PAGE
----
Settling Your Workers' Compensation Case in Florida

Learn when and how to settle your Florida workers' comp claim—and what rights you're giving up in exchange for the money.

Updated by , J.D. · University of Missouri School of Law

Whether you're receiving workers' comp benefits or appealing the insurance company's denial of your claim for a work-related injury or illness, you might eventually consider signing a settlement agreement with the insurer.

While settling a workers' comp claim has its benefits—such as getting money right away to pay your mounting bills—there are also risks involved. Before you sign on the dotted line, make sure you understand the settlement agreement and the rights you're giving up under Florida law.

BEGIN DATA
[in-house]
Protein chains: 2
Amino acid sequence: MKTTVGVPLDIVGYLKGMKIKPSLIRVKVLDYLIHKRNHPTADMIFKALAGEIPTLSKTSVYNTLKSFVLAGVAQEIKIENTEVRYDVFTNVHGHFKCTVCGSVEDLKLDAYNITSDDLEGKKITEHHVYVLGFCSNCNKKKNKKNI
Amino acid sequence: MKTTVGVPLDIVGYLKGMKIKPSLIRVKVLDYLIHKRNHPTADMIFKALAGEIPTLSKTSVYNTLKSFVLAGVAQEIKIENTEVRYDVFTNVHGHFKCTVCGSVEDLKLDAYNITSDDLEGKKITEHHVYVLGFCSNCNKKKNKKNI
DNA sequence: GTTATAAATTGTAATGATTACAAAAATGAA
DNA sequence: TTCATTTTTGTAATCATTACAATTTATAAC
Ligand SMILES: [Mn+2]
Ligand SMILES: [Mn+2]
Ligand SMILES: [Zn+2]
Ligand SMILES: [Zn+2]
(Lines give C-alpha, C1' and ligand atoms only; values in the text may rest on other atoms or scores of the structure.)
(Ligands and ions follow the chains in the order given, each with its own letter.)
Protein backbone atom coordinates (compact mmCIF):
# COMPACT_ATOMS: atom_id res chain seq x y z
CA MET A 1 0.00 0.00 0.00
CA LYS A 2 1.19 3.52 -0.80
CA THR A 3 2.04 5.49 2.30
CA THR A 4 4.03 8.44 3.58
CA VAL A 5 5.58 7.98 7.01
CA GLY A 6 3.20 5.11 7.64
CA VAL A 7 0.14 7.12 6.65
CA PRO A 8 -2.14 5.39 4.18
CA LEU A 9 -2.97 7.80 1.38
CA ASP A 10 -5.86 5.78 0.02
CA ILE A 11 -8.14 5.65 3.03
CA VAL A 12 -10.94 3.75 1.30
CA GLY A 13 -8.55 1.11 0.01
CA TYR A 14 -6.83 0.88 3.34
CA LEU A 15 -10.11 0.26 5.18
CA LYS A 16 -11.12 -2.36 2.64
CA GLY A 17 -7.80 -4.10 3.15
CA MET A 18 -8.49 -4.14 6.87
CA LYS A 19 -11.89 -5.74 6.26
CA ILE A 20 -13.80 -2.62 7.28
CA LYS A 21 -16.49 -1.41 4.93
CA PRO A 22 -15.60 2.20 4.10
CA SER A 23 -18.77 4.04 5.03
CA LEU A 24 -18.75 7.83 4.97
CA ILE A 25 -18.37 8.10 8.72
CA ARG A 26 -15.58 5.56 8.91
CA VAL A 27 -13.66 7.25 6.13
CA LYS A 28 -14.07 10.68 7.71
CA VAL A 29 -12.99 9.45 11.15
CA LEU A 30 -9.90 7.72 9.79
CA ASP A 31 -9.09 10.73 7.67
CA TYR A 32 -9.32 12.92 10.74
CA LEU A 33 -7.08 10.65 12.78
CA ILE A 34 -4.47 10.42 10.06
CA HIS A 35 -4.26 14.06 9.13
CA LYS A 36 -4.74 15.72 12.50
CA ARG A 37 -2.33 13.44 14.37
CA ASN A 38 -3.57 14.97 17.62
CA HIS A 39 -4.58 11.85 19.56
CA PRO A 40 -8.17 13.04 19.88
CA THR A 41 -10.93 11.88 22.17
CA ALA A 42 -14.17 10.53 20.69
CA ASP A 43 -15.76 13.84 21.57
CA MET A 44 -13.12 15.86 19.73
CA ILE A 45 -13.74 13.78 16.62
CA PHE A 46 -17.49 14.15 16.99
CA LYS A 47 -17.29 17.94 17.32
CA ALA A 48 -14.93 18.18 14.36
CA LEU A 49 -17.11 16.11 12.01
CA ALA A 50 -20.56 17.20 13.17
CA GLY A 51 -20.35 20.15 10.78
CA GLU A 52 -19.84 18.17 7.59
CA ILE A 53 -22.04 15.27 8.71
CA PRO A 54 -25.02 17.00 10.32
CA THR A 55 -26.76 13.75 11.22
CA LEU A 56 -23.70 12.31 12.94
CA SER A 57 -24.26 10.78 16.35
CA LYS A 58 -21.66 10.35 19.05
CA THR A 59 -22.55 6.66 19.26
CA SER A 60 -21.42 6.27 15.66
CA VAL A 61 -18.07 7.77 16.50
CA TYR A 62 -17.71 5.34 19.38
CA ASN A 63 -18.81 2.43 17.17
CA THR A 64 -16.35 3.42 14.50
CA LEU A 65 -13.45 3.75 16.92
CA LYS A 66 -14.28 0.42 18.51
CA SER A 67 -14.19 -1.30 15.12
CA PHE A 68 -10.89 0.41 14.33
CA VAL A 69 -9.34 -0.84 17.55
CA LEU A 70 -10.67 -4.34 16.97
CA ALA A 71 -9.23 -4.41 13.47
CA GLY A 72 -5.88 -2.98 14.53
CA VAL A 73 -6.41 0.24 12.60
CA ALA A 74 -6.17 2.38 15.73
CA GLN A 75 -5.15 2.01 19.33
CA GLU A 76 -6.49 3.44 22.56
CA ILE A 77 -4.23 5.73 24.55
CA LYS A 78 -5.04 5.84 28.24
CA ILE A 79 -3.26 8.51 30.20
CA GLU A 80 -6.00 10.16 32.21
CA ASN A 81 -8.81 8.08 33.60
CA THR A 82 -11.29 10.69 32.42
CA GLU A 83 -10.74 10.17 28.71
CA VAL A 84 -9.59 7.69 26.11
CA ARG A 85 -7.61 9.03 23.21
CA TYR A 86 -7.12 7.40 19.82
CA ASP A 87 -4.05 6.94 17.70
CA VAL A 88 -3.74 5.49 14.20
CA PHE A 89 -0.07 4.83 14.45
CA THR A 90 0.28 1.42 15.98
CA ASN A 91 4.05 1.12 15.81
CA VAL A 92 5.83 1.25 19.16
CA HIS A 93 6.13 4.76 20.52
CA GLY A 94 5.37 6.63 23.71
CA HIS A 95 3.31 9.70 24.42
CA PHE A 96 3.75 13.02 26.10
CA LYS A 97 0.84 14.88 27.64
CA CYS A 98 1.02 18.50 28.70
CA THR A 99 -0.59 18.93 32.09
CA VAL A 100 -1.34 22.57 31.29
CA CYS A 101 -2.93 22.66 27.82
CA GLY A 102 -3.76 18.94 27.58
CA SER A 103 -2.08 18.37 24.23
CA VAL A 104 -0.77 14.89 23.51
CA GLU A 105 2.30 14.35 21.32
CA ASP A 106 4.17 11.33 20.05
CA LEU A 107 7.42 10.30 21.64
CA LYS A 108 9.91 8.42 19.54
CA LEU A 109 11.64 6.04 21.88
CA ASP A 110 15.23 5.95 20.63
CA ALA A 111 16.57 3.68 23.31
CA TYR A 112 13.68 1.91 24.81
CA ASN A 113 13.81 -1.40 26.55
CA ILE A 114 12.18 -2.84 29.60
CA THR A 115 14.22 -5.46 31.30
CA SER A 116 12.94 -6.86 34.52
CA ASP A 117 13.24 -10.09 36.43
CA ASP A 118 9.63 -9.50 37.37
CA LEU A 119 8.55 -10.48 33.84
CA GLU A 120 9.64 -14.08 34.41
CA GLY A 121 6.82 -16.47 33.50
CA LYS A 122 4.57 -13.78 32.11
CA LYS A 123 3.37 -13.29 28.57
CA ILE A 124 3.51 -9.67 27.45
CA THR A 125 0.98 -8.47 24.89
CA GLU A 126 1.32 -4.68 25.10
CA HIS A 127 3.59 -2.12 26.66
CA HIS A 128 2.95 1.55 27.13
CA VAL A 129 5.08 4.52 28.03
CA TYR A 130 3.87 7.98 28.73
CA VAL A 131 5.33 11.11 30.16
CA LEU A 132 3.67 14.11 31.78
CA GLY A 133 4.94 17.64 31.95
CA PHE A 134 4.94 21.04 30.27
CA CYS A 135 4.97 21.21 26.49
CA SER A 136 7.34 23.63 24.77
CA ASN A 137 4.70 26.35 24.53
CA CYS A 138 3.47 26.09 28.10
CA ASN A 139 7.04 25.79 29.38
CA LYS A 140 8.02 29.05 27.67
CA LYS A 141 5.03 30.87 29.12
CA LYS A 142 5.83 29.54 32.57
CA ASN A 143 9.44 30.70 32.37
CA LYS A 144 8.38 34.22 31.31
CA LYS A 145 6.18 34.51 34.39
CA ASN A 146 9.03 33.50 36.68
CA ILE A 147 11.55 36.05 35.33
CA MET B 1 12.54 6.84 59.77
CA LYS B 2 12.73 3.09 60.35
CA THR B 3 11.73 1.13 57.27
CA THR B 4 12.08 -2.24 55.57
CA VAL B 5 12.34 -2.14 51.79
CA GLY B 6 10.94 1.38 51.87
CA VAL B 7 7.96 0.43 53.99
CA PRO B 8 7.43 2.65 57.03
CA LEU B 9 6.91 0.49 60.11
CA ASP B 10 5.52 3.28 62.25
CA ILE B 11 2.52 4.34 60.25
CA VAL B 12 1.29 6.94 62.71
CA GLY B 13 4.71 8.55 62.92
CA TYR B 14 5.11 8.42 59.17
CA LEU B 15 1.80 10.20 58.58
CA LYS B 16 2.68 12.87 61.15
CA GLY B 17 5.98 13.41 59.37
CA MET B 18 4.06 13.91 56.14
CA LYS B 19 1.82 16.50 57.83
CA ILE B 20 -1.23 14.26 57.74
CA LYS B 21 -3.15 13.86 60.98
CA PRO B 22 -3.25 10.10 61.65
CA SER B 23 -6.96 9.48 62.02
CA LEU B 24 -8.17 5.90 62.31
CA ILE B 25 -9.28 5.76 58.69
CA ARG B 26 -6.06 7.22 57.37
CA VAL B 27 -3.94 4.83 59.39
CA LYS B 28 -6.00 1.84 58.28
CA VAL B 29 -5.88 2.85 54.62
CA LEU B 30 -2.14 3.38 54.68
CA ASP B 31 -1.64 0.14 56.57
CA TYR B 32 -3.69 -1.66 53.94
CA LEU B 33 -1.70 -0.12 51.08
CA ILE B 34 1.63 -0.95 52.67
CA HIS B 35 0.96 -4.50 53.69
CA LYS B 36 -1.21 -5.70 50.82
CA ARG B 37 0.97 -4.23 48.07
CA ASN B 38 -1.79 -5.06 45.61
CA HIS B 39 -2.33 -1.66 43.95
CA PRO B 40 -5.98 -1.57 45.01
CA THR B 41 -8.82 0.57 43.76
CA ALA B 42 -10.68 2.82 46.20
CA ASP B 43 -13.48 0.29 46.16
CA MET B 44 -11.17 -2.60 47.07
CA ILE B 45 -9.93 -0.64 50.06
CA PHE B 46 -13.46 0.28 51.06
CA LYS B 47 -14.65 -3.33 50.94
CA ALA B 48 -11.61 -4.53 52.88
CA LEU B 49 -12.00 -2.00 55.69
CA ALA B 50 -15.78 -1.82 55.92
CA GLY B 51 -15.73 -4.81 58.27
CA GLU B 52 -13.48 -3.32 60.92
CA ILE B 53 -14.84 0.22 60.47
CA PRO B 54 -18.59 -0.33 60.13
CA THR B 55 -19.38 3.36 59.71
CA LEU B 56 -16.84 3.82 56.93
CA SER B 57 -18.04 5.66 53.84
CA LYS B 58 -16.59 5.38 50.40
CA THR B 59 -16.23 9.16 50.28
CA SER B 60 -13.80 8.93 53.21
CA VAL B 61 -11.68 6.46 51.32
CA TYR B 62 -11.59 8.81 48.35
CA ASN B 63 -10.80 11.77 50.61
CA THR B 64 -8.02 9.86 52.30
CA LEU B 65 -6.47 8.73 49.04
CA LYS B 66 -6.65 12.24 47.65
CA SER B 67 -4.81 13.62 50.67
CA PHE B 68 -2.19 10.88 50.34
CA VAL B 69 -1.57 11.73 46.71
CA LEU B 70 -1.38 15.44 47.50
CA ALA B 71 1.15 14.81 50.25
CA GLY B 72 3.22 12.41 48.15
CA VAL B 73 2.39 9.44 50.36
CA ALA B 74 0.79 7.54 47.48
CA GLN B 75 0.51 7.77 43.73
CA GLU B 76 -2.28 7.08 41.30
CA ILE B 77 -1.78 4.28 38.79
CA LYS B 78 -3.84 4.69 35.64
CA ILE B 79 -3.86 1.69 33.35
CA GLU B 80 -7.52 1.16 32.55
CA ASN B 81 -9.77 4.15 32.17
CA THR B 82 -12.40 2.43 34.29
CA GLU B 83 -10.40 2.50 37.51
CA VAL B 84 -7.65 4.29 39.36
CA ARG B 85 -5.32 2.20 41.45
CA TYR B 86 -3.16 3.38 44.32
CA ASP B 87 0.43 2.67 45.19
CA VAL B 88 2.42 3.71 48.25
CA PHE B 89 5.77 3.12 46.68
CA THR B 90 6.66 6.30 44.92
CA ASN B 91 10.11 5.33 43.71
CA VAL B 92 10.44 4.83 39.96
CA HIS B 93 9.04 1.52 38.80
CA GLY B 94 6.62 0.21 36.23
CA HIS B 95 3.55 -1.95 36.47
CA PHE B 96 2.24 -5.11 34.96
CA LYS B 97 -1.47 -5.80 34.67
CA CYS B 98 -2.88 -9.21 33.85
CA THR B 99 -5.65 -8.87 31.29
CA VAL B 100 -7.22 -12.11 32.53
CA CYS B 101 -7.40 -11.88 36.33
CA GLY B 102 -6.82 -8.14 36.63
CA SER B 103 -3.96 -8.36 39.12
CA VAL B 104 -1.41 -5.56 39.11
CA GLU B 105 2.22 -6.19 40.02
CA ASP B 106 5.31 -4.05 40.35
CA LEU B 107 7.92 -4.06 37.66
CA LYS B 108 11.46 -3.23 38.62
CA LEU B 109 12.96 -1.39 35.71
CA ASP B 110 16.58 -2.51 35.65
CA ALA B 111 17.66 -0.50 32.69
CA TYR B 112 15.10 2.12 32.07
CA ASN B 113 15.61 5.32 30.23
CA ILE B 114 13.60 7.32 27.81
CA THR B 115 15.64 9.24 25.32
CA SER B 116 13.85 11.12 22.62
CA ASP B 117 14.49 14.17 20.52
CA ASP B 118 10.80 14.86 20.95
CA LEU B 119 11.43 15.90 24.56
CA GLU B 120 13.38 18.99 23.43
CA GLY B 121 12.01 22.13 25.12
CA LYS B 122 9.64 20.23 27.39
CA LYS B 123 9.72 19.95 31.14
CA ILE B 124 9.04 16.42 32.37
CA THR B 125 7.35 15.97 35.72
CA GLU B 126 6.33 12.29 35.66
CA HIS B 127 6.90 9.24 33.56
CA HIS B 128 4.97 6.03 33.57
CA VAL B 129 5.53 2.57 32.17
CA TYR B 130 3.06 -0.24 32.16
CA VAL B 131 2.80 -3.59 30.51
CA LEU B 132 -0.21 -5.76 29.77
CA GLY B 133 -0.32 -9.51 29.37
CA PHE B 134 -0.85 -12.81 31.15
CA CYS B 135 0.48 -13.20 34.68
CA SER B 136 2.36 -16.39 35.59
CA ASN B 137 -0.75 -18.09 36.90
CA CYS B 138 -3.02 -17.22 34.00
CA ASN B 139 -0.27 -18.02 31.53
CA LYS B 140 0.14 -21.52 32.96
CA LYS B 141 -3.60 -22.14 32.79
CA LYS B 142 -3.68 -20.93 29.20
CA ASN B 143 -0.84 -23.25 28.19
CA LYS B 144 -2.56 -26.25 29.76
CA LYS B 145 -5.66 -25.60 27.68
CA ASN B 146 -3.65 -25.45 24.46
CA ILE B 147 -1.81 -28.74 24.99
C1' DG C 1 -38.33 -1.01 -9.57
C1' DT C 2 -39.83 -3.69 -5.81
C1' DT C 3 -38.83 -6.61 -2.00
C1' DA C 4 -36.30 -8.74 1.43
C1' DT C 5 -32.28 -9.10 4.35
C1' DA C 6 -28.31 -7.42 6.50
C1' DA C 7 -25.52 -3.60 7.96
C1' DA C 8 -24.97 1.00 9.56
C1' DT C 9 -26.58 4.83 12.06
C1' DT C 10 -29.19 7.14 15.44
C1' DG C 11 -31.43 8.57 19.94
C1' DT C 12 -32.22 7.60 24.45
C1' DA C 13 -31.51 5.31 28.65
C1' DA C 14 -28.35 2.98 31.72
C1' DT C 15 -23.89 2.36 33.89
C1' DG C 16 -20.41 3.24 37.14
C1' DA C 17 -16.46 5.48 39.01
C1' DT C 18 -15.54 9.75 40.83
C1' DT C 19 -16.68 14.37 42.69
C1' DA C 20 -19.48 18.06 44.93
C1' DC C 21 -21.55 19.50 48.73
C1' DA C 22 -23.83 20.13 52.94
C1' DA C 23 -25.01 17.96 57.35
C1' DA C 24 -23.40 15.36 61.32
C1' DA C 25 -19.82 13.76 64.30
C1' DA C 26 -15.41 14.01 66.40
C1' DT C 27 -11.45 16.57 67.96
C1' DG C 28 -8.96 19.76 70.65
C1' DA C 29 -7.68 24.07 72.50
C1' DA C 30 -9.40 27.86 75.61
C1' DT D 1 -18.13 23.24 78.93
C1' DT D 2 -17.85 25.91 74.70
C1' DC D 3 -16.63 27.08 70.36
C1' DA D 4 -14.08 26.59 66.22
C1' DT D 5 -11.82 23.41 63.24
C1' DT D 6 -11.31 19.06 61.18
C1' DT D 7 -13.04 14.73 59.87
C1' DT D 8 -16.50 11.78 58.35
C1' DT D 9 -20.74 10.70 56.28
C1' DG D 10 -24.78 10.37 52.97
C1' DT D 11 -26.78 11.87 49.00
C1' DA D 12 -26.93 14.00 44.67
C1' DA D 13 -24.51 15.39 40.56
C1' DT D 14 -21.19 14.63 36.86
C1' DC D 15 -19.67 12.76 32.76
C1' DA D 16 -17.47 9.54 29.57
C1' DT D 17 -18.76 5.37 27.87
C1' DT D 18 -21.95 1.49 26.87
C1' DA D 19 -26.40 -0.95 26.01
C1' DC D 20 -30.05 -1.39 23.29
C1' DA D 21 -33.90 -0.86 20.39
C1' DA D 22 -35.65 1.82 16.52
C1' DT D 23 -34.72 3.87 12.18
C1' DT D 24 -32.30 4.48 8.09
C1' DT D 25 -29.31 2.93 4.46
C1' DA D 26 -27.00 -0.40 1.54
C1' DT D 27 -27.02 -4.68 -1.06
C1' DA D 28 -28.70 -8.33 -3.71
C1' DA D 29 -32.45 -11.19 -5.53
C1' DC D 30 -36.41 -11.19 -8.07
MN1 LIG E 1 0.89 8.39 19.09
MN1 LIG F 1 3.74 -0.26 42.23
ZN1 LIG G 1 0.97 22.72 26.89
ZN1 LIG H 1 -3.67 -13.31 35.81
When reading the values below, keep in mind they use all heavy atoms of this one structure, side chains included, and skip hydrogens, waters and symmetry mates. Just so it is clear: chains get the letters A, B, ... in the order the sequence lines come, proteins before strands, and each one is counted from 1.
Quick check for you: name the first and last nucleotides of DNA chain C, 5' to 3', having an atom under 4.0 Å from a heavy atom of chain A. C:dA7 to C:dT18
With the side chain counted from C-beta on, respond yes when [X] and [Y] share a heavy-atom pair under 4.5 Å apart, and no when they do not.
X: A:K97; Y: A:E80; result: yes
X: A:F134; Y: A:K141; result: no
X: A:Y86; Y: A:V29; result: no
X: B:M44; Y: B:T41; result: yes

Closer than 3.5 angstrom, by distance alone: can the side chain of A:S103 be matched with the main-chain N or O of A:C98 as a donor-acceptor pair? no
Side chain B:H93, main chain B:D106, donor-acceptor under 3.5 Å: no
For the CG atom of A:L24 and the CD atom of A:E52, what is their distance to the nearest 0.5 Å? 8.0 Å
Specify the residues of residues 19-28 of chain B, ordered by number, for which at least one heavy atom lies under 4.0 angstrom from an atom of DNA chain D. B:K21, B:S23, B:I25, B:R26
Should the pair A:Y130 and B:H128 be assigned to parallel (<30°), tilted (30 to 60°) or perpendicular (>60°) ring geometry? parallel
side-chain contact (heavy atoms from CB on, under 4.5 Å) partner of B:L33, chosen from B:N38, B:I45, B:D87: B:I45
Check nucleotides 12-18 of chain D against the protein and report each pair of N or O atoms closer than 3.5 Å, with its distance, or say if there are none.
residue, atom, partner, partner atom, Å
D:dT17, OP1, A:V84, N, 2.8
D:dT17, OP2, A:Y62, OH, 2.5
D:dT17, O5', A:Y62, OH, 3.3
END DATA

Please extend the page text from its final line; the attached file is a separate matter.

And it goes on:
Kinds of Workers' Comp Settlements in Florida

There are different kinds of settlement agreements in Florida, depending on the rights you're giving up and how you receive the money:

  • Full and final release of liability or partial release. Typically, the insurance company will want you to agree to a full and final settlement, which means you're giving up your right to any more workers' comp benefits available under Florida law for your injury—including any injuries and illnesses that happened while you were working for your employer before the settlement but that haven't yet been identified as work related (such as a repetitive stress injury or an occupational disease). You may be able to negotiate a limited settlement in which you receive money in exchange for your right to some benefits (like permanent impairment benefits), but the insurance company will continue to pay your medical bills. This type of settlement is relatively rare, however.